GE’s Technical Information Letter (TIL) 1854, released Aug 27, 2012, attributes the tip losses to heavy rubs and/or corrosion pitting, and considers the phenomenon low risk to unit operation and reliability. However, at least a couple of compressors reportedly have been badly damaged in the last 18 months. Insurers might be less inclined to rate the level of risk as “low.”
TIL 1854 says fleet experience and engineering analysis have concluded that compressor rubs can be caused by casing distortion that progresses over time, and by hot restarts initiated between one and eight hours after shutdown. The latter causes critical clearances to decrease. Corrosion pitting, on the other hand, creates a local stress concentration that may result in a tip loss via high-cycle fatigue.
TIL 1854 recommends that if heavy tip rubs or tip loss occurs, tip grinding and/or blending to increase clearances can be performed at a major inspection or when the mid compressor case is removed. Considering that at least two compressors already have been wrecked, Shidler and Hoogsteden suggest a more proactive approach.The editors called Rod Shidler, president, and Mike Hoogsteden, field service manager, Advanced Turbine Support LLC, Gainesville, Fla, which inspects more than 2000 gas turbines annually, to get their perspective on the 7EA issue. They provided several photos to illustrate the level of damage Advanced Turbine Support has found, and offered their thoughts on corrective action.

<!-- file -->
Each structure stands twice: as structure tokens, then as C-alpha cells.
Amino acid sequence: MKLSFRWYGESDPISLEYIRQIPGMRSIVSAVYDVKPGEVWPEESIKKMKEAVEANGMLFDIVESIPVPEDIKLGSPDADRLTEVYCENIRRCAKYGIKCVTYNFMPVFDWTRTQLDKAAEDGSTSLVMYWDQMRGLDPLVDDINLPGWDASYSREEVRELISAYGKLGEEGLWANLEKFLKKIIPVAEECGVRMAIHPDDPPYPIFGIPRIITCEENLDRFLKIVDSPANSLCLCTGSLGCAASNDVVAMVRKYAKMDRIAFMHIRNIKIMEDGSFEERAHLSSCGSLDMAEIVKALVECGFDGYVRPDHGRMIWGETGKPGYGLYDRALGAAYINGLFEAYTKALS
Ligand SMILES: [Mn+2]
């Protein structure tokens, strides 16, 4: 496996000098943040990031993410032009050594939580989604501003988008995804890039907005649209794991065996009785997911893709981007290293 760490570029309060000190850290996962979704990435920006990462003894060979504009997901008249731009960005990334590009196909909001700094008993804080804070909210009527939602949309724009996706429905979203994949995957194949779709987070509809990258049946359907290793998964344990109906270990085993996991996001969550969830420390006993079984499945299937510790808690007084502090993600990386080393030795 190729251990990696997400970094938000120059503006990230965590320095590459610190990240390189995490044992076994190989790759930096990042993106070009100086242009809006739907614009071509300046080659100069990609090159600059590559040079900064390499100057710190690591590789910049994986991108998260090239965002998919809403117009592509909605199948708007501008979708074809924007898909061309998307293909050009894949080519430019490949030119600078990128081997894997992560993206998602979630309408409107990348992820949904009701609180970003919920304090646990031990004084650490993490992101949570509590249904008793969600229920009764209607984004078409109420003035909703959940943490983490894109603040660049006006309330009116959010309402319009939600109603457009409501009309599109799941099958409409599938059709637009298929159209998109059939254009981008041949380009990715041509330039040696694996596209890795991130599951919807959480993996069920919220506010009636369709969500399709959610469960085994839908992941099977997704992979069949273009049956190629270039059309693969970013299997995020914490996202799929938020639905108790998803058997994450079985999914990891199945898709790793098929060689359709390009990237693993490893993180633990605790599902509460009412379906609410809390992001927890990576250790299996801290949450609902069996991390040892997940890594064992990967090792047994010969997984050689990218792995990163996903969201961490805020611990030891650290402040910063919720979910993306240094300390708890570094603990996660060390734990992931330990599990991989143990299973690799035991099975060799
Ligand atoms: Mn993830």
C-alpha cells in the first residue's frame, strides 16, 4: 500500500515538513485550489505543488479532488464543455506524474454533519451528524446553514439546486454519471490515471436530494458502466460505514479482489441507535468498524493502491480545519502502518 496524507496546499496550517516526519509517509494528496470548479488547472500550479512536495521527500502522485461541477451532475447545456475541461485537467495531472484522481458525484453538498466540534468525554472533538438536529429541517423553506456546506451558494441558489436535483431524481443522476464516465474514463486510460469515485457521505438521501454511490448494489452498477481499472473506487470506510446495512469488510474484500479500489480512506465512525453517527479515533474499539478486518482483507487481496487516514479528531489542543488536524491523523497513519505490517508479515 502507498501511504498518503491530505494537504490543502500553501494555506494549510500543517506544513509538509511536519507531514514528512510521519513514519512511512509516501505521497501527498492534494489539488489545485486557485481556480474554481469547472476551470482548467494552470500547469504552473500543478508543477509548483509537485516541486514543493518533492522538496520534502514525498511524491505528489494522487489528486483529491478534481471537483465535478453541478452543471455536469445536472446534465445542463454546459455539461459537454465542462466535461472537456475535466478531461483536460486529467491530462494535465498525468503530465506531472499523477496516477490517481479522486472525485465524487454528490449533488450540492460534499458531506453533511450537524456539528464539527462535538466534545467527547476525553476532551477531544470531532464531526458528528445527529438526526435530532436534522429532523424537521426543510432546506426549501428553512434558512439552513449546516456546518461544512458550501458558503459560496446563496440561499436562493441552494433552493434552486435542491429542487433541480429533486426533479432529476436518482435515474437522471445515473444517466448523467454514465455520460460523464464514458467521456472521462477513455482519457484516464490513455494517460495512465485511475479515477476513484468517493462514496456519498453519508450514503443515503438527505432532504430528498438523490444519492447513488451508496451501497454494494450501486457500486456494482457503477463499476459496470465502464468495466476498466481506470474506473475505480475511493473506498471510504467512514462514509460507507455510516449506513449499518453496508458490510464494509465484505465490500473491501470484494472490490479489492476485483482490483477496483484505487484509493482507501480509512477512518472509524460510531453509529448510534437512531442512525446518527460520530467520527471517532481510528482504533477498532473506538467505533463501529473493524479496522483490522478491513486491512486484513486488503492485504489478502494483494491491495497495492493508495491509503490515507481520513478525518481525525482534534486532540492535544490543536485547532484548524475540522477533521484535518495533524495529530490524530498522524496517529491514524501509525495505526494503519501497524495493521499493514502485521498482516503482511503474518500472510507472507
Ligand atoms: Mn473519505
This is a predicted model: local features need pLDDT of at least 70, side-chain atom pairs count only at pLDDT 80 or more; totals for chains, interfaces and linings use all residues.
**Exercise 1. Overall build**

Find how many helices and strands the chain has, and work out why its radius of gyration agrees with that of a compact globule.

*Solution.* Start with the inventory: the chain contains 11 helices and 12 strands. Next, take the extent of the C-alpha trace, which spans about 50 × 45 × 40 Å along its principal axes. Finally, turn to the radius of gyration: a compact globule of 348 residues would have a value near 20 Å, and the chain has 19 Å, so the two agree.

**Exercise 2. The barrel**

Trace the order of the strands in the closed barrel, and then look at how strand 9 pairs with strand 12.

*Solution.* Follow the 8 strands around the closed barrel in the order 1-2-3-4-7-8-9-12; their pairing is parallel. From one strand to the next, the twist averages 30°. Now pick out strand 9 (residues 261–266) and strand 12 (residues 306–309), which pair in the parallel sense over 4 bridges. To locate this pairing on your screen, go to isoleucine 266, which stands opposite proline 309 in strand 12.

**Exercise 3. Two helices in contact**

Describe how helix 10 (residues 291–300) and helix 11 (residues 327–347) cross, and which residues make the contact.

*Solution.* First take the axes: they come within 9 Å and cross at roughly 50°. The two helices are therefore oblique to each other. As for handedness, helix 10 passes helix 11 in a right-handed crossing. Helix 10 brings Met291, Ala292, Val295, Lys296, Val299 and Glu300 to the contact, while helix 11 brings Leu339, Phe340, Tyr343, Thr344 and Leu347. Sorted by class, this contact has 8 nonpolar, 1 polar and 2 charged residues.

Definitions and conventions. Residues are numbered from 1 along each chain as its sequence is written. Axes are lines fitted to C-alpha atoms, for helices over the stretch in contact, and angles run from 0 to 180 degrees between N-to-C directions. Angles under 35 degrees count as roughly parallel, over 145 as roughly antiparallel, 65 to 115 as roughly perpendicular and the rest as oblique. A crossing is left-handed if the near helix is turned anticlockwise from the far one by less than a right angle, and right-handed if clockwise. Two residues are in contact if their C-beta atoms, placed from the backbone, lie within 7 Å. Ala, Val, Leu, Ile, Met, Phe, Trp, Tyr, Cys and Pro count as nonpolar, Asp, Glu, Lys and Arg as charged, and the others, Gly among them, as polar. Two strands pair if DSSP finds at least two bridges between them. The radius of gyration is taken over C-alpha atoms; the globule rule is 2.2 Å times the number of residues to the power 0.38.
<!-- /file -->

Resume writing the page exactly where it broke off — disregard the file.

They recommend in-situ dye penetrant inspections of all compressor R1 and R2 blades (R3 blades are difficult to access without lifting the casing) where tip rubbing or pitting is in evidence during the next inspection cycle. The R2 blade crack in Fig 4, likely initiated by tip rubbing, is highlighted with dye penetrant. This machine had only 309 starts/1900 hours (and 25 trips) when the crack was found. In-situ blending by technicians from Advanced Turbine Support eliminated the crack without lifting the casing.